Mass in C

(Beethoven, Op.86, 1807)

Beethoven's first mass setting was commissioned by Prince Esterhazy who found the work unbearably ridiculous and detestable after the first performance on 13th September 1807. Beethoven himself was, however, proud of his achievement. The occasion was the name day of the Prince's wife for which Haydn had written six Masses and Hummel three. The master of instrumental forms was faced with the problem of word-setting and additional requirements of the liturgy. He treated the text in a rare manner, which provoked Prince Esterhazy's reaction 'What is this you have done again, Beethoven?' This work belongs to Beethoven's heroic period and has the deeply expressive style of that period. Despite the early opinions on the contrary, with Beethoven's Mass in C, Viennese Mass reached its culmination, his Mass in D was to be universal in scope.

Beethoven uses an orchestra with double woodwind but without the expected trombones similar to the Fourth Symphony written a year before. Trombones were probably omitted because this Mass was intended for performance in Eisenstadt where the orchestra lacked the trombones. The Kyrie omits flutes, trumpets and timpani. The independence of the orchestral bass is also noteworthy. While in Haydn's Masses, the orchestra is the main protagonist, in Mass in C, the function of the orchestra is to decorate and underline the vocal message. This Mass stresses the voices to the detriment of the orchestra. The orchestral writing is constantly varied and expressive. In this Mass, he did not split up the work into the traditional orchestral sections, arias, solo ensembles and choruses. Instead, all these forces are employed equally throughout the work. The dramatic touches and dynamic extremes that would be so important in the later Missa Solemnis are restrained in the Mass in C. Unlike other Beethoven works, this one does not pose difficulties of tessitura.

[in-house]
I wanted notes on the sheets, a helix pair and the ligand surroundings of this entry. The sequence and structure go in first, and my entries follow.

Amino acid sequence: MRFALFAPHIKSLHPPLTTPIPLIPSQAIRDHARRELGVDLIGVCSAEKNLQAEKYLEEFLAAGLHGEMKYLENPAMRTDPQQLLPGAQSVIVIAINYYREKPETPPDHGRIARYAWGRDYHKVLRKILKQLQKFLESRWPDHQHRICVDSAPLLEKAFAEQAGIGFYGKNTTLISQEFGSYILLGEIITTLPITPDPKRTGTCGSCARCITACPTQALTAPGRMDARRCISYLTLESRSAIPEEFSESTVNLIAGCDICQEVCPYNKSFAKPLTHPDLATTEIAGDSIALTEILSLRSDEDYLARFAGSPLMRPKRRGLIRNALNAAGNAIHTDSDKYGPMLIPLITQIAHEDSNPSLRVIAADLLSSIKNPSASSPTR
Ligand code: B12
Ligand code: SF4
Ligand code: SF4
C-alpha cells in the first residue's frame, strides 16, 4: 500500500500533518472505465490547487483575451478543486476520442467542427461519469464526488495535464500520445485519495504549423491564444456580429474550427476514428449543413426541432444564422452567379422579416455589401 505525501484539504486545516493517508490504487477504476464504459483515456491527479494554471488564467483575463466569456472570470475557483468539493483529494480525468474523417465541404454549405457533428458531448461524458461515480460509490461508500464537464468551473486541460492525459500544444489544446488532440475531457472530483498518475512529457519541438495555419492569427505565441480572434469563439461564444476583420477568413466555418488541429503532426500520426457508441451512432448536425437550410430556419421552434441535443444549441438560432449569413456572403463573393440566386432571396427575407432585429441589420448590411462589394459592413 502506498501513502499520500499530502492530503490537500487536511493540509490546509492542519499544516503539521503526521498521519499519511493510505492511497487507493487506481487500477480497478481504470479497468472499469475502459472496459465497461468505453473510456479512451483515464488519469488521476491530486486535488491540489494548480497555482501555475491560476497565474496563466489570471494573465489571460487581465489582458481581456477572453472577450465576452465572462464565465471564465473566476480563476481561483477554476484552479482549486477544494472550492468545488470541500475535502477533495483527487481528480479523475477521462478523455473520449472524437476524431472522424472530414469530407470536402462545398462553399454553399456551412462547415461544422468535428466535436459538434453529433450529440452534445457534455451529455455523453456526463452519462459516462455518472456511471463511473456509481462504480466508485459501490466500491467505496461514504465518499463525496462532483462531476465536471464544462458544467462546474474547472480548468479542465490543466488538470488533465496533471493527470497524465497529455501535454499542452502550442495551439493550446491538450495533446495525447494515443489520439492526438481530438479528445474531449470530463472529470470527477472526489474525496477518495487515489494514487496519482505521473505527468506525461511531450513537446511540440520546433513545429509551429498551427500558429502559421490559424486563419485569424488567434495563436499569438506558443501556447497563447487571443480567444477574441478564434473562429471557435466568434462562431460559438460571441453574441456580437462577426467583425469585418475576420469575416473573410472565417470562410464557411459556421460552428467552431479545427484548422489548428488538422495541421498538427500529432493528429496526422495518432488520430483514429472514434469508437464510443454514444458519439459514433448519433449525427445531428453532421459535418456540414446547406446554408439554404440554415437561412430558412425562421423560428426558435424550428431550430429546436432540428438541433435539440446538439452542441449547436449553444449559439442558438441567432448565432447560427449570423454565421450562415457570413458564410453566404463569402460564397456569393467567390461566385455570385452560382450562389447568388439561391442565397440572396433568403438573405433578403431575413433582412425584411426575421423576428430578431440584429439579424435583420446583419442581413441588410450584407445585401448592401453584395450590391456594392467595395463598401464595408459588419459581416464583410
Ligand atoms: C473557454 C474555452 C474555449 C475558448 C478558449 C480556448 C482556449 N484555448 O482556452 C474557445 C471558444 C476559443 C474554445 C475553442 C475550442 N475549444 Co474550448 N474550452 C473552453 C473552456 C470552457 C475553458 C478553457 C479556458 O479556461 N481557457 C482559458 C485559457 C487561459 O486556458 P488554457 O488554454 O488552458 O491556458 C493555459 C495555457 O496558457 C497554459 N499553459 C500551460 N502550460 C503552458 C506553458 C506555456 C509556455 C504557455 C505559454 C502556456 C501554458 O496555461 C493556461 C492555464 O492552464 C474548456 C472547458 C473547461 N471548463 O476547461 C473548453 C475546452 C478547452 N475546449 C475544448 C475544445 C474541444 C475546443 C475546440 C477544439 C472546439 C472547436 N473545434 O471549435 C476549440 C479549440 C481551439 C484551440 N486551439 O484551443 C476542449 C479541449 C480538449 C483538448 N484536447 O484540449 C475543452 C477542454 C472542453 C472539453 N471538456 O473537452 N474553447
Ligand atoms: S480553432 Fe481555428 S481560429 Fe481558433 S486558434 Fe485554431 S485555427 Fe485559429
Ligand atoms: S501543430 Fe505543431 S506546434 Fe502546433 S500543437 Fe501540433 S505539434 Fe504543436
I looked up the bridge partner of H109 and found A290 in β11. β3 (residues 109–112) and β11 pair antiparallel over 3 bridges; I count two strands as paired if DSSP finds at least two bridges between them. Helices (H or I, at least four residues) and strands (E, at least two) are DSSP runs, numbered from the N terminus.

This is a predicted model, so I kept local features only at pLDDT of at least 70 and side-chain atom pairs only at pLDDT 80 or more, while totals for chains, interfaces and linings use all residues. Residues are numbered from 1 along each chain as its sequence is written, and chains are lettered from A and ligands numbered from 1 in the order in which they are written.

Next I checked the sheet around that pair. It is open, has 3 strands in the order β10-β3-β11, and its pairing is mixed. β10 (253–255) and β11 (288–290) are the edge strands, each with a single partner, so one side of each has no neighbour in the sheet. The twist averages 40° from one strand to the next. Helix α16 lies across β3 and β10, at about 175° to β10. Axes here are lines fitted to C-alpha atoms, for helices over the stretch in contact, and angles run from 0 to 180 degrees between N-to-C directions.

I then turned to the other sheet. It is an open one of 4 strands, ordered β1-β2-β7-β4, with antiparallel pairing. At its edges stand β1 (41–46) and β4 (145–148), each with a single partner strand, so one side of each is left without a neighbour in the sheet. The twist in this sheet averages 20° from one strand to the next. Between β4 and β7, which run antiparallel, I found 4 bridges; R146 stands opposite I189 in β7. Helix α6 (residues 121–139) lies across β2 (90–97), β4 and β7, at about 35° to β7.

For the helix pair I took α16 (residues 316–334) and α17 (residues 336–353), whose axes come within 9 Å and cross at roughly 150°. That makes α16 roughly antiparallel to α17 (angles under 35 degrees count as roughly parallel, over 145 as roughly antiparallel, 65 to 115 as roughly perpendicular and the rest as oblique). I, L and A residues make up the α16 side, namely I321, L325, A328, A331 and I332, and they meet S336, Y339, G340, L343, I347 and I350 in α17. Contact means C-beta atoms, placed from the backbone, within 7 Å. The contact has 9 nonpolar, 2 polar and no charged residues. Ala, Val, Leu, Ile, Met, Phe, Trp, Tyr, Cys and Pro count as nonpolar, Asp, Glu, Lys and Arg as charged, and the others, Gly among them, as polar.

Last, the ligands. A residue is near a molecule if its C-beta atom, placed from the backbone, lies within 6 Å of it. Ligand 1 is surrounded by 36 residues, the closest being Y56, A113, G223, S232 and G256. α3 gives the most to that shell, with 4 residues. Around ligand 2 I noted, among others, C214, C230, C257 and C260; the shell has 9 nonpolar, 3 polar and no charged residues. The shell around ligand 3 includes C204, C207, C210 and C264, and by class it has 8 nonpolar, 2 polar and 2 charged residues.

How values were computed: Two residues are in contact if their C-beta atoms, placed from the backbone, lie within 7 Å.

The Mass has the conventional five movements: Kyrie, Gloria, Credo, Sanctus-Osanna-Benedictus (Osanna repeated) and Agnus Dei-Dona nobis pacem (the pleading music of Kyrie eleson is repeated at the end as a coda). Thematic relationships and the overall tonal plan are the unifying agents. Beethoven's fondness for the use of mediant (E major) and submediant (A major) keys are obvious in this work. In the first three movements, C major is the point of departure and arrival. The Sanctus and Osanna are in A major, while the Benedictus in between is in F major. The Agnus Dei is in C minor and reverts to C major in Donna nobis. The simplicity of the material and the economy of its use in the Kyrie is striking. Still, music has continuity and a sense of purpose. It moves beyond the rigid frame of contemporary Masses (by Cherubini, Schubert). In small units, the rhythm is square-cut but if phrased broadly, it displays much flexibility. The musical ideas must be read in complete sentences not word by word. Rapid piling-up of sonority by close successive entries, especially in the Quoniam is noteworthy. Many features of this Mass is forward-looking. There is great freedom in the fugal sections. The vigorous fugal writing of 'Cum Sancto Spiritu' is surrounded by the majestic homophony of 'Quoniam tu Solus Sanctus' in the Gloria. Also unconventional is the fugal treatment of 'Et Vitam Venturi' where the choral tutti is reserved until after the exposition is completed and sealed off by the orchestra. Maybe the only conservatively designed section is the Osanna passages.